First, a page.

The term CODEC stems from the blend of the words Coder and Decoder.

Codec systems enable raw information to be transferred between locations through a medium/alternate process that does not necessarily support the raw information.

Codecs are used in all aspects of technology. An example of this is a Video Codec. The Coder takes the raw video content and converts the information into another format suitable for playback or use in the next part of the production process. That process could be storage/post production or transmission to home or both or something else. After the process, the content would be passed to a Decoder to obtain the original information format. 

Typically, when coding a piece of information, the information is compressed to make best use of next process. This potentially can be by removing redundant information. The decoder then decompresses this and re expands the information at the end of the process in a hopefully lossless way.

As one may imagine, some coding and compression systems are better than others and as each system makes slight adjustments to the original data, and so multiple codec working can slowly degrade the information.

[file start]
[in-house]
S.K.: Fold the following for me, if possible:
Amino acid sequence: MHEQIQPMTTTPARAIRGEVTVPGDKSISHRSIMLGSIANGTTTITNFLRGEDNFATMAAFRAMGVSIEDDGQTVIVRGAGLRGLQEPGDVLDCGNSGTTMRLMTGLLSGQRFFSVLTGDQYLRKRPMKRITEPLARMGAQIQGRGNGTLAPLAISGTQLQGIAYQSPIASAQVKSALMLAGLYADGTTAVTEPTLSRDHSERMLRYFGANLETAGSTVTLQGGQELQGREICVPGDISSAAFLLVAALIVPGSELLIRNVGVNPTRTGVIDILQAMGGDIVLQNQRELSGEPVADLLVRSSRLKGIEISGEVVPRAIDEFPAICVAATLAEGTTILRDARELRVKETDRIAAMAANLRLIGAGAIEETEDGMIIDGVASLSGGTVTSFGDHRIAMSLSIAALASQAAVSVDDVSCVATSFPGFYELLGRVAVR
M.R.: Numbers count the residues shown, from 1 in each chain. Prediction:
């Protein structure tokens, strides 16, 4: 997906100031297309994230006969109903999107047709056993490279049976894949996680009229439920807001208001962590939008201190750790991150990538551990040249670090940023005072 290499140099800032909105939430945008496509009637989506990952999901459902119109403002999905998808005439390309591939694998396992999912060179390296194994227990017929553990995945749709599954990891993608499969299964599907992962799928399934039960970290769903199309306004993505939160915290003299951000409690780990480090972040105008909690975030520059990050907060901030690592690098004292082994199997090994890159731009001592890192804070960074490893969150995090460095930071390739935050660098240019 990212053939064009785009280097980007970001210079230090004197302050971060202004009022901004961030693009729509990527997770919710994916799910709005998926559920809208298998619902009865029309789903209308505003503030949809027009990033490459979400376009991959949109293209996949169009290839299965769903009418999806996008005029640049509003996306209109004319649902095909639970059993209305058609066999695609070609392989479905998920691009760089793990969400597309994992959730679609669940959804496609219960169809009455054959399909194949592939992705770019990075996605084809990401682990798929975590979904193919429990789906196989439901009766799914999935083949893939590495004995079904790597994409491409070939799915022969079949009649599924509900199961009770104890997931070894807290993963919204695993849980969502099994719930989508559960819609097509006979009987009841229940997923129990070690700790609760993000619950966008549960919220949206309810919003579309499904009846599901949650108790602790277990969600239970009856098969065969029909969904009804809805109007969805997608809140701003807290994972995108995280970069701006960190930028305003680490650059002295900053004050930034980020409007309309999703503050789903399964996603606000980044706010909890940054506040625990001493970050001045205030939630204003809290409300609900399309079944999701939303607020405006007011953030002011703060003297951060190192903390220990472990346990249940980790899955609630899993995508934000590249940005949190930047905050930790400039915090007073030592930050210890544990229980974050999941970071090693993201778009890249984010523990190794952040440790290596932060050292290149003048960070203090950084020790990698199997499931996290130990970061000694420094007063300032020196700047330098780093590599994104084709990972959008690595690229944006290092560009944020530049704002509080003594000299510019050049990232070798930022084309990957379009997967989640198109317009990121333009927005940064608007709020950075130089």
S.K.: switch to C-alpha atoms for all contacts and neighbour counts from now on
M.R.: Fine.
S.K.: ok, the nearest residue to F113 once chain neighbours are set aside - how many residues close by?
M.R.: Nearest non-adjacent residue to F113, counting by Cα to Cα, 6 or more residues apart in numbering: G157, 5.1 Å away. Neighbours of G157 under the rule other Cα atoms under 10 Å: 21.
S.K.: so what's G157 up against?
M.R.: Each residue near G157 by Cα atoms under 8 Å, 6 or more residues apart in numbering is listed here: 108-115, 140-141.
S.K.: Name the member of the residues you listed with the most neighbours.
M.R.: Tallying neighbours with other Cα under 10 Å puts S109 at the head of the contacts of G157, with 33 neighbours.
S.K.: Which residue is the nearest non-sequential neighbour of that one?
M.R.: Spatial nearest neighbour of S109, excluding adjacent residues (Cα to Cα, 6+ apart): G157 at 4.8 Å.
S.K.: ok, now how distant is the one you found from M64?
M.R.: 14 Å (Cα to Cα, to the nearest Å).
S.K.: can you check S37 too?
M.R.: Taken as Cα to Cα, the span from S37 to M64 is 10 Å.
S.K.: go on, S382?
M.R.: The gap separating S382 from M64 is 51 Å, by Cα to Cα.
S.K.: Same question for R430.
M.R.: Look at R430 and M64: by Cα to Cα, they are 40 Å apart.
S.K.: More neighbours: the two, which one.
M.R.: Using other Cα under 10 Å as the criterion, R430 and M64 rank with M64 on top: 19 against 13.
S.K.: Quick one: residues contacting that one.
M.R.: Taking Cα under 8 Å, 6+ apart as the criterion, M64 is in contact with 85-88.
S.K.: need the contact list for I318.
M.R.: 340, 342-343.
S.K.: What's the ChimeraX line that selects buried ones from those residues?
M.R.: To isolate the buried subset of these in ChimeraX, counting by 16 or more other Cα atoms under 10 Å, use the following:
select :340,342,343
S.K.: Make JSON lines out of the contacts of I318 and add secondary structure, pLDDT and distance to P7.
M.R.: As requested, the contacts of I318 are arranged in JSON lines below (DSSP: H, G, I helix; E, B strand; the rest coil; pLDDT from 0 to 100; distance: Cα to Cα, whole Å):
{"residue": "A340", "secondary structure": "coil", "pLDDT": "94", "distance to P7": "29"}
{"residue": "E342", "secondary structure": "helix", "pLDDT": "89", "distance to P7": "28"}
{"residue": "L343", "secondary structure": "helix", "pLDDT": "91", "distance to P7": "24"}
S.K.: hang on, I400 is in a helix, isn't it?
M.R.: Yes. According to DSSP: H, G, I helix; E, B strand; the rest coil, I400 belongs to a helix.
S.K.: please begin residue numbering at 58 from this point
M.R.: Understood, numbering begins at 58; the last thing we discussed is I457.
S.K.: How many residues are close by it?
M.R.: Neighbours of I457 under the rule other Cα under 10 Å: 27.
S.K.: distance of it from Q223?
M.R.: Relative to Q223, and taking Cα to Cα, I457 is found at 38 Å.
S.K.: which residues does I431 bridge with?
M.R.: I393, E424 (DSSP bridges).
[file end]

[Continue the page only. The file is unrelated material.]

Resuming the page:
A direct conversion from one codec to another is known as a transcode. It is almost impossible to avoid transcodes between the creation and the final delivery of the media to the end user.

Codec systems are being developed at a rapid pace and this results in there being a multitude of potential solutions for working in the field. Unfortunately, not all codecs are deemed suitable for HD workflows. Use of the wrong codec, and the need for multiple transcodes can result in a degradation of the picture quality.

The commissioning broadcasters issue a list accepted codecs within their Technical Requirements documentation (see DELIVER section).

For good results the aim should be for the codec/compression system used in the camera to be carried through the production process to the transmission system. If this is not directly possible, intermediate formats may be required e.g. due to storage or connectivity constrains etc.

Local source recording should be made in the correct, high quality format. Highly compressed proxy formats, which can be used for preview, or low resolution editing, can be used to work around sending huge files immediately to the post production facility, however this does rely on a conform of the edit prior to transmission to restore the image quality, from the original, high quality rushes.